Select your localized edition:

Close ×

More Ways to Connect

Discover one of our 28 local entrepreneurial communities »

Be the first to know as we launch in new countries and markets around the globe.

Interested in bringing MIT Technology Review to your local market?

MIT Technology ReviewMIT Technology Review - logo

 

10 Emerging Technologies That Will Change Your World

(Page 9 of 11)

CHRISTIAN REHTANZ
Power Grid Control

Power grids carry the seeds of their own destruction: massive flows of electricity that can race out of control in just seconds, threatening to melt the very lines that carry them. Built in the days before quick-reacting microprocessors and fiber optics, these networks were never designed to detect and squelch systemwide disturbances. Instead, each transmission line and power plant must fend for itself, shutting down when power flows spike or sag. The shortcomings of this system are all too familiar to the 50 million North Americans from Michigan to Ontario whose lights went out last August: as individual components sense trouble and shut down, the remaining power flows become even more disturbed, and neighboring lines and plants fall like multimillion-dollar dominoes. Often-needless shutdowns result, costing billions, and the problem is only expected to get worse as expanding economies push more power onto grids.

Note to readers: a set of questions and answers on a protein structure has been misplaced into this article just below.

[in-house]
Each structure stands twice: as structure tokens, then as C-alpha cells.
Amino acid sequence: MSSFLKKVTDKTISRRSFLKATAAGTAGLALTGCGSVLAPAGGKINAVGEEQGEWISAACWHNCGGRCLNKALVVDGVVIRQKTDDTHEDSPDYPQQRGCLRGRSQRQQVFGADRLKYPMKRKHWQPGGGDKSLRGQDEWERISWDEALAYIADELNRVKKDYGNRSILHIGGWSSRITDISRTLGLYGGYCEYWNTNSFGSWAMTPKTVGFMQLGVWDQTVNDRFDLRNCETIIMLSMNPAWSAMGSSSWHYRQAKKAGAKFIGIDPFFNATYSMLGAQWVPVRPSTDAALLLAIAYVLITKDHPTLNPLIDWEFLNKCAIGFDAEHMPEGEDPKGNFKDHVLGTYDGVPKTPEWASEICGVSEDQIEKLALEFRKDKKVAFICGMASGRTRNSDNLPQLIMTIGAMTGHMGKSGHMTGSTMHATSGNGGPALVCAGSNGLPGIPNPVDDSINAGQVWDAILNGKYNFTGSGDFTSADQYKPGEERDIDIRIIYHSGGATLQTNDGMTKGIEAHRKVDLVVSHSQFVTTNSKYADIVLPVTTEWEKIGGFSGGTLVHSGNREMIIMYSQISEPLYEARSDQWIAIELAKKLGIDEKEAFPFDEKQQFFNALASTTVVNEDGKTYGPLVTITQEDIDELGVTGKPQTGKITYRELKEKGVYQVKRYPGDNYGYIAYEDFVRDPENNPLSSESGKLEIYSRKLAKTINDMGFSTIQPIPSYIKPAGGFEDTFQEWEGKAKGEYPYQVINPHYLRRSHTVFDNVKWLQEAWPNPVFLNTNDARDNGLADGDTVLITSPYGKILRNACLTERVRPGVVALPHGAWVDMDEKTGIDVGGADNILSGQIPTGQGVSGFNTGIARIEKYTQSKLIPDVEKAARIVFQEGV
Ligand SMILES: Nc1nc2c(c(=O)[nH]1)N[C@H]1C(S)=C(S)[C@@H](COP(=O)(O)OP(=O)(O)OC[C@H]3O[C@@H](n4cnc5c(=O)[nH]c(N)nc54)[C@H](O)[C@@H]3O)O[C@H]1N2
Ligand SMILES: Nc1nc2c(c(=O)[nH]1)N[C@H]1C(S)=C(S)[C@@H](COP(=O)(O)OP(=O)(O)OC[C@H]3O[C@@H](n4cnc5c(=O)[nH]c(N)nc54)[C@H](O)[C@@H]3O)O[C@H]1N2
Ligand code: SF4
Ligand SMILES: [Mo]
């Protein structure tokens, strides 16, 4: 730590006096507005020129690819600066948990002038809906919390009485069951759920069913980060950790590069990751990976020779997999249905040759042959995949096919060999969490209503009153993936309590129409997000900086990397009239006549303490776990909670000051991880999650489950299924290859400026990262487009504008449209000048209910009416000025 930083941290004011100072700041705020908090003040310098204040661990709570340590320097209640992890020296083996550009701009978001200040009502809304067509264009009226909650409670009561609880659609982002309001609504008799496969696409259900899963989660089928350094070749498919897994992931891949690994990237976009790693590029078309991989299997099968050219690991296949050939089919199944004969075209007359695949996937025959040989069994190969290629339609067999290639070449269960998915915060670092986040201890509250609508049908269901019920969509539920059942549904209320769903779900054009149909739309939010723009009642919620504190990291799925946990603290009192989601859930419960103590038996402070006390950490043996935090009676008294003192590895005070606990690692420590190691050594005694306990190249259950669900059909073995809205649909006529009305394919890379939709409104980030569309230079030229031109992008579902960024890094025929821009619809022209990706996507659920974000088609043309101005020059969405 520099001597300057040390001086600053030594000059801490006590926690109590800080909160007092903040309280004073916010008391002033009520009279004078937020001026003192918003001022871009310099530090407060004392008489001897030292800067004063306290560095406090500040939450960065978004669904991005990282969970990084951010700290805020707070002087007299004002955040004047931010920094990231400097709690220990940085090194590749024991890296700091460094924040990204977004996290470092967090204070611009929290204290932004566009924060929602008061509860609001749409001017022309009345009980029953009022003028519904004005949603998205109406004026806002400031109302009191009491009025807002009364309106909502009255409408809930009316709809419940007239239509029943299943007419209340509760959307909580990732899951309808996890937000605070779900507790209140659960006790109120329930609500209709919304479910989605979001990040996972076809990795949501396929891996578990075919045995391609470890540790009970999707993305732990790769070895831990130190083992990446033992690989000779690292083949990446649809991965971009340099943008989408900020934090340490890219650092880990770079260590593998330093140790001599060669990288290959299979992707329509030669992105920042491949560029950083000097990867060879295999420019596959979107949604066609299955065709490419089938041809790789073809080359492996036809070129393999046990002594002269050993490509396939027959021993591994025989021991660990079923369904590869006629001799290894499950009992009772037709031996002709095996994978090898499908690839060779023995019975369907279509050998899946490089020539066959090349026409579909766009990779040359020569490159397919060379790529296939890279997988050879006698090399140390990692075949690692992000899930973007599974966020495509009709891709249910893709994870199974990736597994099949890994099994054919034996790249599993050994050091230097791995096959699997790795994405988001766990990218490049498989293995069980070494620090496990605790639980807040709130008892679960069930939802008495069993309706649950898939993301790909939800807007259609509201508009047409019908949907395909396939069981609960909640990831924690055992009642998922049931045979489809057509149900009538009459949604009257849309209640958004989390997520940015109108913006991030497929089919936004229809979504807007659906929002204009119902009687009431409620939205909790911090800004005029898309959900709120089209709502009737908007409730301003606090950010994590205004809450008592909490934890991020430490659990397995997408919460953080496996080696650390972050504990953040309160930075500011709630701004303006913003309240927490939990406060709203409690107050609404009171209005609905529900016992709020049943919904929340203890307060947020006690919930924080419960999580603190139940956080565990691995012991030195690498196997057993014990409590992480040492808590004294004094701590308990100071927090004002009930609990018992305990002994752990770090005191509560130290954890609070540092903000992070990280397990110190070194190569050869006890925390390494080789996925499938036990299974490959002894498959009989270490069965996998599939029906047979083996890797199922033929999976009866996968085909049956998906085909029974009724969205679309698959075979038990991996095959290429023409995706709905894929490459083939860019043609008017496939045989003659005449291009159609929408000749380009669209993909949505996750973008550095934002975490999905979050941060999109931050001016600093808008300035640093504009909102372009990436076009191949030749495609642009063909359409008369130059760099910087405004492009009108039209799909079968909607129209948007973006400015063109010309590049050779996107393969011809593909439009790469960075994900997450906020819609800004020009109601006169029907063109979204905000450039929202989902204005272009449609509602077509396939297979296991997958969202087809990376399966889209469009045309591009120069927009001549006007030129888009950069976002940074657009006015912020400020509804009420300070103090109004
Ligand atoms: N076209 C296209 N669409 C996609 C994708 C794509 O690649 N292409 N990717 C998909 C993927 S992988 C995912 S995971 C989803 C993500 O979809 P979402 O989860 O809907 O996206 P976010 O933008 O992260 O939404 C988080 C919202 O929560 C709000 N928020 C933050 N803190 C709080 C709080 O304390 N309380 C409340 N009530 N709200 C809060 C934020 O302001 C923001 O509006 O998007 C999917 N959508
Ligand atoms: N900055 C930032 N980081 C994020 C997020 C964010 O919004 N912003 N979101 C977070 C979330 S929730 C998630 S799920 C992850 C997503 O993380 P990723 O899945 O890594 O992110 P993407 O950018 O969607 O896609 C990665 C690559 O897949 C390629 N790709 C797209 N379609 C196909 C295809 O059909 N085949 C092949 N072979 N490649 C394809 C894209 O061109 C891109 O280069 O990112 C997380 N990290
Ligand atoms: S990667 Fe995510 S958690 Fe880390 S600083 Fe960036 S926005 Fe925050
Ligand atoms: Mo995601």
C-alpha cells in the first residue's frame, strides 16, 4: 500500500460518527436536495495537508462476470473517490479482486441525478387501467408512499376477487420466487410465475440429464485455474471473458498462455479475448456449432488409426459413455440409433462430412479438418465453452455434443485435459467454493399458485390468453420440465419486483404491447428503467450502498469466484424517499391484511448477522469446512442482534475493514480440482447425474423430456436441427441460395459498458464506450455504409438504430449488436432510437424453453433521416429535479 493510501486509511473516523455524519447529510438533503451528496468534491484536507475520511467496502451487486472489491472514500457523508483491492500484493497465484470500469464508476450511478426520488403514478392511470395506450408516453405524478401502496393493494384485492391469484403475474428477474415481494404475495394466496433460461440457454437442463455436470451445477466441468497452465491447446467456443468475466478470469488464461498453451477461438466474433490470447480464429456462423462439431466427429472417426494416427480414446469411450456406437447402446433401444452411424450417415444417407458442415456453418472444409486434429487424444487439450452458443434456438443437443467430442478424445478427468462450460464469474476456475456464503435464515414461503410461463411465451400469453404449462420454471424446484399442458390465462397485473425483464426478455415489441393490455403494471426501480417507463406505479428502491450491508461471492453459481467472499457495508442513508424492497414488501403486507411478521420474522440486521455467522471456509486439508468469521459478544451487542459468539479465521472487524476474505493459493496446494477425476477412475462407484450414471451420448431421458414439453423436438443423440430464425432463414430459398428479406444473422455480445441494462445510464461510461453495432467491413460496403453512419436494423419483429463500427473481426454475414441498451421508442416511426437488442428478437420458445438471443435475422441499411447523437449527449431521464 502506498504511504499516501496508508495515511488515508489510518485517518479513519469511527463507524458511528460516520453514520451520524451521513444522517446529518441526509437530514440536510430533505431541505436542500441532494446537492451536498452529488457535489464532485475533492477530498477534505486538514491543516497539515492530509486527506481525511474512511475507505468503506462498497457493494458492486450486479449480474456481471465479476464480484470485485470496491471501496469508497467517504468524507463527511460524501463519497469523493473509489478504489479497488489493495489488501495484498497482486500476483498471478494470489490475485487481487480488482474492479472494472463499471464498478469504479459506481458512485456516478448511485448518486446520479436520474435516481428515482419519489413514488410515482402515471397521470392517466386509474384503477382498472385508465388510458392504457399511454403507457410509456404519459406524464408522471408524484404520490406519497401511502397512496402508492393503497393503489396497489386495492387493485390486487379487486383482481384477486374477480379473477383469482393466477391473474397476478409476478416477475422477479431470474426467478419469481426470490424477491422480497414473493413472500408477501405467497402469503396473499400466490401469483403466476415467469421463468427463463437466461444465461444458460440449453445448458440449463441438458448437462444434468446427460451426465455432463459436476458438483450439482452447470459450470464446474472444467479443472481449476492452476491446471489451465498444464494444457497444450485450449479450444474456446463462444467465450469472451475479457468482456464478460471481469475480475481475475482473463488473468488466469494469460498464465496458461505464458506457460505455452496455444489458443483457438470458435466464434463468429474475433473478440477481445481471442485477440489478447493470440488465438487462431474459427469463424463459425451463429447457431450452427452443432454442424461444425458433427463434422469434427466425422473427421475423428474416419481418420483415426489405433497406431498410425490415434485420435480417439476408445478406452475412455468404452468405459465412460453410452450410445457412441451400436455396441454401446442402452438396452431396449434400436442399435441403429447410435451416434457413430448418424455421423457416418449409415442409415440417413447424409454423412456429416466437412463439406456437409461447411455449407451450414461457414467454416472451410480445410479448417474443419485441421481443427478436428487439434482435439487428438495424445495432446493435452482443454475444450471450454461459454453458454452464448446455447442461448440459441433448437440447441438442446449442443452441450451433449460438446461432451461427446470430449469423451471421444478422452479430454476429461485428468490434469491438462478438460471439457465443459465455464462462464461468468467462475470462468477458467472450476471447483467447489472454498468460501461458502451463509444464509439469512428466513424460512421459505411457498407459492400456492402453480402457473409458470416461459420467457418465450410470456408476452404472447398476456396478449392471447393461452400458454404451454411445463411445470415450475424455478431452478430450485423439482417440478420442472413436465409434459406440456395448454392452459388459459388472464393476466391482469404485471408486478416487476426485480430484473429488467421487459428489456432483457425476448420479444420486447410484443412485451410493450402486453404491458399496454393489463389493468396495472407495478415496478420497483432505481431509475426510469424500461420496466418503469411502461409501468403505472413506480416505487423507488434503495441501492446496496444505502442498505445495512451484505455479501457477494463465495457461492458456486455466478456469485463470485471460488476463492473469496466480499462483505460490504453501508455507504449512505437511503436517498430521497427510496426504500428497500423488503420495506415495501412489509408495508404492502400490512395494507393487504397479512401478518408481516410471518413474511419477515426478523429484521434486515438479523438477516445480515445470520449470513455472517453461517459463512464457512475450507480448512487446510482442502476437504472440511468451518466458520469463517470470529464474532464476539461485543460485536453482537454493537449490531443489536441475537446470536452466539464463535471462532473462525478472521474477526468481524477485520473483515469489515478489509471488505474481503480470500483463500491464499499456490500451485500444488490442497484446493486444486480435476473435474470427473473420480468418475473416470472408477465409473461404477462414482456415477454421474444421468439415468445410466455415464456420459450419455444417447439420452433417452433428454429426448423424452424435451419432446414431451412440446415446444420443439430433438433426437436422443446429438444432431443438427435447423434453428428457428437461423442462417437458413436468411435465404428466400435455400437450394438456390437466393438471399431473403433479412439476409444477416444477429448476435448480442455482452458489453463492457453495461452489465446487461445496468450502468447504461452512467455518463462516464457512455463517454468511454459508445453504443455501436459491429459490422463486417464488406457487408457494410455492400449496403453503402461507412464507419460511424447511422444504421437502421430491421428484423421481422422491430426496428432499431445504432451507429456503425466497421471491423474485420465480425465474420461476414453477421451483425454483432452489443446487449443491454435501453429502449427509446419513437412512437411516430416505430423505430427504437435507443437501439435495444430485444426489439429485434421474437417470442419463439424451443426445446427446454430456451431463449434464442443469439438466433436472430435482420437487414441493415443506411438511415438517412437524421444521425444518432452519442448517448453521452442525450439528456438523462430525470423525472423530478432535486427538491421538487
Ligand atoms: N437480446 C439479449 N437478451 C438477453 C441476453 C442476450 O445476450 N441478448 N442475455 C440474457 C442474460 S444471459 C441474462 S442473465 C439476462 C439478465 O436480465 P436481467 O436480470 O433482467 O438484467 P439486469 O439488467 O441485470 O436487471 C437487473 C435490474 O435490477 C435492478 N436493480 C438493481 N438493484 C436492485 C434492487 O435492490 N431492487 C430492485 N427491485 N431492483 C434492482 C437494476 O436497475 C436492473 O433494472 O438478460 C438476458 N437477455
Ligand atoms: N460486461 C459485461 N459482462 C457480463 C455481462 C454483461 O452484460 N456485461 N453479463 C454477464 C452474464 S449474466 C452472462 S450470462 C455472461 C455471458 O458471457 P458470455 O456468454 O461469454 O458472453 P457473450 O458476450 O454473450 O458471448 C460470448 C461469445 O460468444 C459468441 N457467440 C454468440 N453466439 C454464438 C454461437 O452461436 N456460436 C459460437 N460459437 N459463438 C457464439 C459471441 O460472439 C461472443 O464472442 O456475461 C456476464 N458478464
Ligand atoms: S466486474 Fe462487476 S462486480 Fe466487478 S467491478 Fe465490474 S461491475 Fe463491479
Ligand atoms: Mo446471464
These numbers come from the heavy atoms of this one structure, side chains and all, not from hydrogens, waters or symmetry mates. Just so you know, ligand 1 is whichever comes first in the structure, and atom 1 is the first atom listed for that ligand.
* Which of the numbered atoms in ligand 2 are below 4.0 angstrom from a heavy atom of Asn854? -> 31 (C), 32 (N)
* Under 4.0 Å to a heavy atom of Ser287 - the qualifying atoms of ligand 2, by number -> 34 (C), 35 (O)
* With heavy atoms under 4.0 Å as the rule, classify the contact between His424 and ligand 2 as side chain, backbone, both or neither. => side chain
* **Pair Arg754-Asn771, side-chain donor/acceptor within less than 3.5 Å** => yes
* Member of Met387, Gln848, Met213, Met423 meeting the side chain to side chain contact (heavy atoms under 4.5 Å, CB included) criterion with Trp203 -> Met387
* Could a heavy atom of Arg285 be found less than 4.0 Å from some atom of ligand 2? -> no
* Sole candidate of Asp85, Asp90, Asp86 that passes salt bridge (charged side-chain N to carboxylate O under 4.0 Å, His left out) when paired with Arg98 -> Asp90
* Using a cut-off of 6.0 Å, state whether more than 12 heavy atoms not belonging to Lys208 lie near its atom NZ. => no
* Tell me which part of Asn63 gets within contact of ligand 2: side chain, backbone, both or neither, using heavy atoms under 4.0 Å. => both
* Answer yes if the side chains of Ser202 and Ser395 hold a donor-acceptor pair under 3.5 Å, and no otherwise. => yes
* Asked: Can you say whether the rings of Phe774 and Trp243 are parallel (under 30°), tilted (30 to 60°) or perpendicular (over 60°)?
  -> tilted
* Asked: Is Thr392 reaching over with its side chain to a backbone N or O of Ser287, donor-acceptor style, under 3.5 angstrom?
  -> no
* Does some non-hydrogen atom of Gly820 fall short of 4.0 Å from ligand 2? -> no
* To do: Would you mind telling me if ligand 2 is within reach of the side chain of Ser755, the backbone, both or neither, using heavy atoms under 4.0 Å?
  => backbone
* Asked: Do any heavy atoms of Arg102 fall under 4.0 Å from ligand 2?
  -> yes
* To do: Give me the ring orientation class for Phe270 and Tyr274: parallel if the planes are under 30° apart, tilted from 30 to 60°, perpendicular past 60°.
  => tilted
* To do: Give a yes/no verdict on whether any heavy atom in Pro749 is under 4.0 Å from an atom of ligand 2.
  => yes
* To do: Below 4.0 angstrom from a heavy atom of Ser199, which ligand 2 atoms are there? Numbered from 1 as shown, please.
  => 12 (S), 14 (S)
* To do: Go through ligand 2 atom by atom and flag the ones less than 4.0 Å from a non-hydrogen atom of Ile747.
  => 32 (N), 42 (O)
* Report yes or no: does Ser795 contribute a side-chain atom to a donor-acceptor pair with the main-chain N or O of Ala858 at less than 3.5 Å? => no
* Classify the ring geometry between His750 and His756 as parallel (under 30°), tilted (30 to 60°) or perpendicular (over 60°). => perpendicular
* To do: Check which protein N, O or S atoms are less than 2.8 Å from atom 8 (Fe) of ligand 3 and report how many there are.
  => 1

Christian Rehtanz thinks the time has come for modern control technology to take back the grid. Rehtanz, group assistant vice president for power systems technology with Zrich, Switzerland-based engineering giant ABB, is one of a growing number of researchers seeking to build new smarts into grid control rooms. These engineers are developing hardware and software to track electric flows across continent-wide grids several times a second, identify disturbances, and take immediate action. While such "wide area" control systems remain largely theoretical, Rehtanz and his ABB colleagues have fashioned one that is ready for installation today. If their design works as advertised, it will make power outages 100 times less likely, protecting grids against everything from consumption-inducing heat waves to terrorism. "We can push more power through the grid while, at the same time, making the system more predictable and more reliable," says Rehtanz.

Next Page »

Related Articles:

T-Rays from Superconductors

A device from Argonne National Lab takes a fresh approach to generating t-rays.

Don Monroe